Changes to Marketplace meal swipe system complicate and limit student food options


It seems that the College of William and Mary can never leave well enough alone. After a year of take-out containers at the campus dining halls, my friends and I could not have been happier to return to fairly normal dining, since virtually every student and staff member is now vaccinated. However, after stepping foot into our favorite dining hall, Marketplace, it immediately became clear that the system was different.

Marketplace has always been a unique dining hall. While Center Court at Sadler Center and Caf have always been all-you-can-eat style, Marketplace allots one entrée, two sides and a drink for a meal swipe. Well, at least until this semester. Now, meal swipes equal $8 the minute you step into Marketplace — nowhere else — and we’re now even more limited as to what we get for a swipe at this dining hall than before. This change is not only an inconvenient new organizational system, but it also drastically changes what you can get for a swipe. For example, the other day, I got a rice dish with vegetables and tofu from the new Oodles station. In the past, this would presumably be considered an entrée, and I would be able to get two sides as well as a drink. Now, after asking good ol’ Christian From Marketplace, I could either get one cheap side or a drink, not even both. This drastically reduces the food we can get for a swipe.

Due to my busy schedule, I always like to make sure I’m getting enough food at the dining halls to sustain me until my next meal, and considering the price of a meal plan, as well as the fact that the system is supposed to make dining easy for college students, this change does not work for most students’ lifestyles. Every time I’ve been at Marketplace, I hear the buzz of students asking their friends what they’re supposed to do and complaining about the drastic change. Lines are much longer because the changes are confusing, and they also make the checkout process take longer overall.

I should clarify that students are not confused because they are not paying attention. It’s confusing because not everything is marked by price. For example, when I got fajitas at the entrée box, there was no price to be seen, so I had to just guess how much I thought it was worth and decide any extra food based on that guess. When I tried to ask about the price, no one could give me a straight answer. Not everything is labelled, and if the dining hall is now dependent on pricing, that’s not something we can just overlook and pretend doesn’t matter.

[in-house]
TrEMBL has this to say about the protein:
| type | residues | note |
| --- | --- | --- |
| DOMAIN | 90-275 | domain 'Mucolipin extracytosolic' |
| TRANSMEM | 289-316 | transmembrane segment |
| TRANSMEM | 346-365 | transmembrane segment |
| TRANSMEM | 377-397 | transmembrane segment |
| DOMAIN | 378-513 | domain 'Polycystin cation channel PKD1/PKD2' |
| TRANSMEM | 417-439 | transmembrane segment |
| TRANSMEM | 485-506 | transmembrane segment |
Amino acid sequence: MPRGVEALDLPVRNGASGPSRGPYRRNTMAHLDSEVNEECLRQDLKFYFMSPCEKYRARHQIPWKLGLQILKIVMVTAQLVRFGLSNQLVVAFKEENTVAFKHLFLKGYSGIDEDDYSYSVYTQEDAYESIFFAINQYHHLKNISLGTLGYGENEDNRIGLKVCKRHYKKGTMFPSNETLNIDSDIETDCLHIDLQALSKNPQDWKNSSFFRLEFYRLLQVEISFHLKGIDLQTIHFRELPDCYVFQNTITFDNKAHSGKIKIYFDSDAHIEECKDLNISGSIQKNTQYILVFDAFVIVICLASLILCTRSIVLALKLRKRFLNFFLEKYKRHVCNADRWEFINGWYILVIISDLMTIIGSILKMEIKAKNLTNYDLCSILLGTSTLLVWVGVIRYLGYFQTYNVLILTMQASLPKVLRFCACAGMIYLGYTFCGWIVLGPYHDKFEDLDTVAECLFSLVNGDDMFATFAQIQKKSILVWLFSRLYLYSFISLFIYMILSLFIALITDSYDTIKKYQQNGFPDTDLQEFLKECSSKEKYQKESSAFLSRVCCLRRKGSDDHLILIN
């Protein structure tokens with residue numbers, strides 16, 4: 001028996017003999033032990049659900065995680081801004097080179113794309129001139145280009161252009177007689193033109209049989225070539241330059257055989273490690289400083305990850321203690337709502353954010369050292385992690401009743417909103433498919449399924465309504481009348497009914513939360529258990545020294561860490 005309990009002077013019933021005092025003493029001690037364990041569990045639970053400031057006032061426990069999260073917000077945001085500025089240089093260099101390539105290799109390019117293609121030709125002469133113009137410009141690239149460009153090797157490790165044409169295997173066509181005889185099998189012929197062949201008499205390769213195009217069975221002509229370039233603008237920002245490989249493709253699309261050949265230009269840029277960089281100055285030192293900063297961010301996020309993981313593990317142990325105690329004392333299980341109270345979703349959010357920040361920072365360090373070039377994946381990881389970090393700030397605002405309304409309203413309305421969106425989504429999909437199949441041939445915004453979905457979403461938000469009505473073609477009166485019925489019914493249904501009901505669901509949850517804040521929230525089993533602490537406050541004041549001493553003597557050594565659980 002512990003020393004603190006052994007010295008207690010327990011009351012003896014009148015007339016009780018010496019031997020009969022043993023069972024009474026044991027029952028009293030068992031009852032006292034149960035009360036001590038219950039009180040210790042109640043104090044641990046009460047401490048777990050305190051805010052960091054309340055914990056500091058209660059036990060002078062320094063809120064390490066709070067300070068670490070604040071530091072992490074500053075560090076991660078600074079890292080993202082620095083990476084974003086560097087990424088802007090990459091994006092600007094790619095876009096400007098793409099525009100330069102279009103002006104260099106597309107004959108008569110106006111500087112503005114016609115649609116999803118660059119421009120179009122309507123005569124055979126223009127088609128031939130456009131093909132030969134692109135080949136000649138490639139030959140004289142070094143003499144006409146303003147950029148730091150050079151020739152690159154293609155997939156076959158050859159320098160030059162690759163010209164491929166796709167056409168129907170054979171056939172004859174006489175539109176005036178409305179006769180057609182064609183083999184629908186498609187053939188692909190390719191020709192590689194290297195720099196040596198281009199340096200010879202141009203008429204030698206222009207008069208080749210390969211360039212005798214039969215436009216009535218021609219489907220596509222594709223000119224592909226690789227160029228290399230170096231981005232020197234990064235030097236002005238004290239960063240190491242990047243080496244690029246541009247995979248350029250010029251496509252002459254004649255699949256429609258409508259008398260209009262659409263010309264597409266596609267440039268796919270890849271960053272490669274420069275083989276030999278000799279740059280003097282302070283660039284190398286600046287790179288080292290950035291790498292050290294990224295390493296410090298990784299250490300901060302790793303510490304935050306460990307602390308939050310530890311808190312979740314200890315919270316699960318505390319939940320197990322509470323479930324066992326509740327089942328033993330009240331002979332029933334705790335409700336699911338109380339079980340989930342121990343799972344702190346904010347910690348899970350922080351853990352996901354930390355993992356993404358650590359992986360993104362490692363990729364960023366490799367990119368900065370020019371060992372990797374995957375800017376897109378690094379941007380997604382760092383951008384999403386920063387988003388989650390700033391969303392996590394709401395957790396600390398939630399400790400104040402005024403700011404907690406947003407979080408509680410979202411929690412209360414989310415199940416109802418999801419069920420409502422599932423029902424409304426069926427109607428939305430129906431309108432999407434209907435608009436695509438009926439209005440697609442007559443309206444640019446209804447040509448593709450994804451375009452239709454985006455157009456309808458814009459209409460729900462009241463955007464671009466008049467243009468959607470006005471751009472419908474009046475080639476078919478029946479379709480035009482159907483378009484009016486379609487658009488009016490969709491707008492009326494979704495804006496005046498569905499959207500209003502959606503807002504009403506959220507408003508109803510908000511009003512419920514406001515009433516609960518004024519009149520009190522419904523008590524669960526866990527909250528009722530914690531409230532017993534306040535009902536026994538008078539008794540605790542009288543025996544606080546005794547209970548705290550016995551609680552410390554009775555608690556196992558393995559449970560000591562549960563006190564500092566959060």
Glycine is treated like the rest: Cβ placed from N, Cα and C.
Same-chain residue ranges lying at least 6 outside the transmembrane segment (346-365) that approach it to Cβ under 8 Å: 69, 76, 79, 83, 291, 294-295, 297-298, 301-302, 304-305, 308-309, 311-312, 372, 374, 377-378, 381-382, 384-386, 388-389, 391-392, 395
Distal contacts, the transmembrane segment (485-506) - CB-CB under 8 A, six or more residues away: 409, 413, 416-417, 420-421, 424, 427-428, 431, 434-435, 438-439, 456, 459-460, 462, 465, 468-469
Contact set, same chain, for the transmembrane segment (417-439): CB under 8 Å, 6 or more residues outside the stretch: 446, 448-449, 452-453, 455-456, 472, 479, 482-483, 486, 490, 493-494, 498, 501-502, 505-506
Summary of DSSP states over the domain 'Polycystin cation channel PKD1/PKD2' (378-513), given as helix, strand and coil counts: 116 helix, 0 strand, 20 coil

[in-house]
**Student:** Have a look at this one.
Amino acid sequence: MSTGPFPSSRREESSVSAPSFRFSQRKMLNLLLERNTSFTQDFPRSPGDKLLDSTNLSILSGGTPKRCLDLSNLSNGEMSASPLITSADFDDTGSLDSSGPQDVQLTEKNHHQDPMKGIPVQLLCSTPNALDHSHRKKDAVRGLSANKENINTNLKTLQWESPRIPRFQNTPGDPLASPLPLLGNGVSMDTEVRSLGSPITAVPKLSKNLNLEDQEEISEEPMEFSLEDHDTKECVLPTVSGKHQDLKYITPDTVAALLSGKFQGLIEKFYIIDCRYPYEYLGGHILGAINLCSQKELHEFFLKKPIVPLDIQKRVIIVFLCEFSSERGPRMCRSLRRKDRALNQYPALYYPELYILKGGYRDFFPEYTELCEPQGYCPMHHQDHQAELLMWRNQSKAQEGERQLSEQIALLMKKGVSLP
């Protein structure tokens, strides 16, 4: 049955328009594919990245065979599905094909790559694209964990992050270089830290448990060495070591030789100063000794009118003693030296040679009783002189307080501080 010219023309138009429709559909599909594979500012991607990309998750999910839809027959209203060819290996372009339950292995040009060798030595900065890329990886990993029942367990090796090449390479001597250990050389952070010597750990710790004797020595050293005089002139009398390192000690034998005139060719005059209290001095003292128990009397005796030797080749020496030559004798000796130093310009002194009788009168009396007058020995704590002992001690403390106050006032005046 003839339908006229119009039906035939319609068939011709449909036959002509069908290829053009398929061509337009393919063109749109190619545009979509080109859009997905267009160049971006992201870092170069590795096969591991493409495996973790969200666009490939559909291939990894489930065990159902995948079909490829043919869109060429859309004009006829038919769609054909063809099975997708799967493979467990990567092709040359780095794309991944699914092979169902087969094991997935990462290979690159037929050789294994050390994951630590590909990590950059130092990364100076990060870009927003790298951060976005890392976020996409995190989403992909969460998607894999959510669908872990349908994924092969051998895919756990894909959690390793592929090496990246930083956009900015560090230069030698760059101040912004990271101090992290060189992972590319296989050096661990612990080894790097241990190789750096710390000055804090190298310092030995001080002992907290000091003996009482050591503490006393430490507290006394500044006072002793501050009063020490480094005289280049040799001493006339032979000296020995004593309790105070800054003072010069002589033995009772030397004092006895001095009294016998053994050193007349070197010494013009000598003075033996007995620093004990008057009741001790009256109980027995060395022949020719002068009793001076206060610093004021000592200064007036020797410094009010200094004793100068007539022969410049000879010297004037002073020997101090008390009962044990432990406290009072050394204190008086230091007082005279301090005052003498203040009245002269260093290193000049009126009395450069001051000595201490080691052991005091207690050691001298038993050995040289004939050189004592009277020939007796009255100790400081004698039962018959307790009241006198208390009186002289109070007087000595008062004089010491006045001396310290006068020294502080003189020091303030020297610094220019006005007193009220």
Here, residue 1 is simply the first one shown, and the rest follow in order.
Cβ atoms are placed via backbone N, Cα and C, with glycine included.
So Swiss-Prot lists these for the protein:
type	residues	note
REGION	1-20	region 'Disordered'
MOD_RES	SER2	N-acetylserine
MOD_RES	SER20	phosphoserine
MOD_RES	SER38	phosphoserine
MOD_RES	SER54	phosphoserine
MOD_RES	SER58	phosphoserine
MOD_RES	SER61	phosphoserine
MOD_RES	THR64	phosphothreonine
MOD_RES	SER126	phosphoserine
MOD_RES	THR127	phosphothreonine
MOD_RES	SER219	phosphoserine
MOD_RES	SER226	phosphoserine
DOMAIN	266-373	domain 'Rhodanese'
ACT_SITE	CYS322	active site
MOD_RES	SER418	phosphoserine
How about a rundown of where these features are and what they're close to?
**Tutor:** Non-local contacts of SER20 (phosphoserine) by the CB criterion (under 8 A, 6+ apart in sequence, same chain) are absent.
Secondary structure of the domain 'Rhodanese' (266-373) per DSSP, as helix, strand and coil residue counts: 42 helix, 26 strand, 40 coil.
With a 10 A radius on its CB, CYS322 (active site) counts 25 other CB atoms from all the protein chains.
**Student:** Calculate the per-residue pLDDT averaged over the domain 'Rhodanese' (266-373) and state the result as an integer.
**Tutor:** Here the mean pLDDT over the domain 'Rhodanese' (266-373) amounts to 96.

If the school wanted to make this change, they should have made this information public before students had to choose their dining plan. For students who eat at Marketplace a lot, they could potentially run out of meal swipes much earlier than they expected. It’s not just a change in organization at the dining hall, it’s a change to all the portions.

Potentially, this could have been a good change if meal swipes in Marketplace could now count toward everything. This dining hall has a whole section of sushi, candy and snacks that students cannot count toward a meal swipe, and they must now use their dining dollars or Express to buy those instead. If I could now get sushi or a Starbucks iced coffee along with a meal swipe, I could definitely see this system paying off for students. But that’s not the case. It’s not a way to solve any problems that concern students besides a way to get us to pay more for something we used to get for less. Even water costs money there, and I have never been to a restaurant or cafeteria that charges for tap water before. Even at Starbucks, a store known for price gouging, a venti water is free.

I’m not going to lie and say I’ll never go to Marketplace ever again, because I love its convenience and selection, but it is just another example of a change at the College that complicates student life for their own benefit.

Alyssa Slovin ‘22 is an English and marketing double major. Besides her work at The Flat Hat as Opinions Editor and Flat Hat Magazine as Editor-in-Chief, she is involved in Sinfonicron Light Opera Company, The Gallery and Active Minds. Email Alyssa at  


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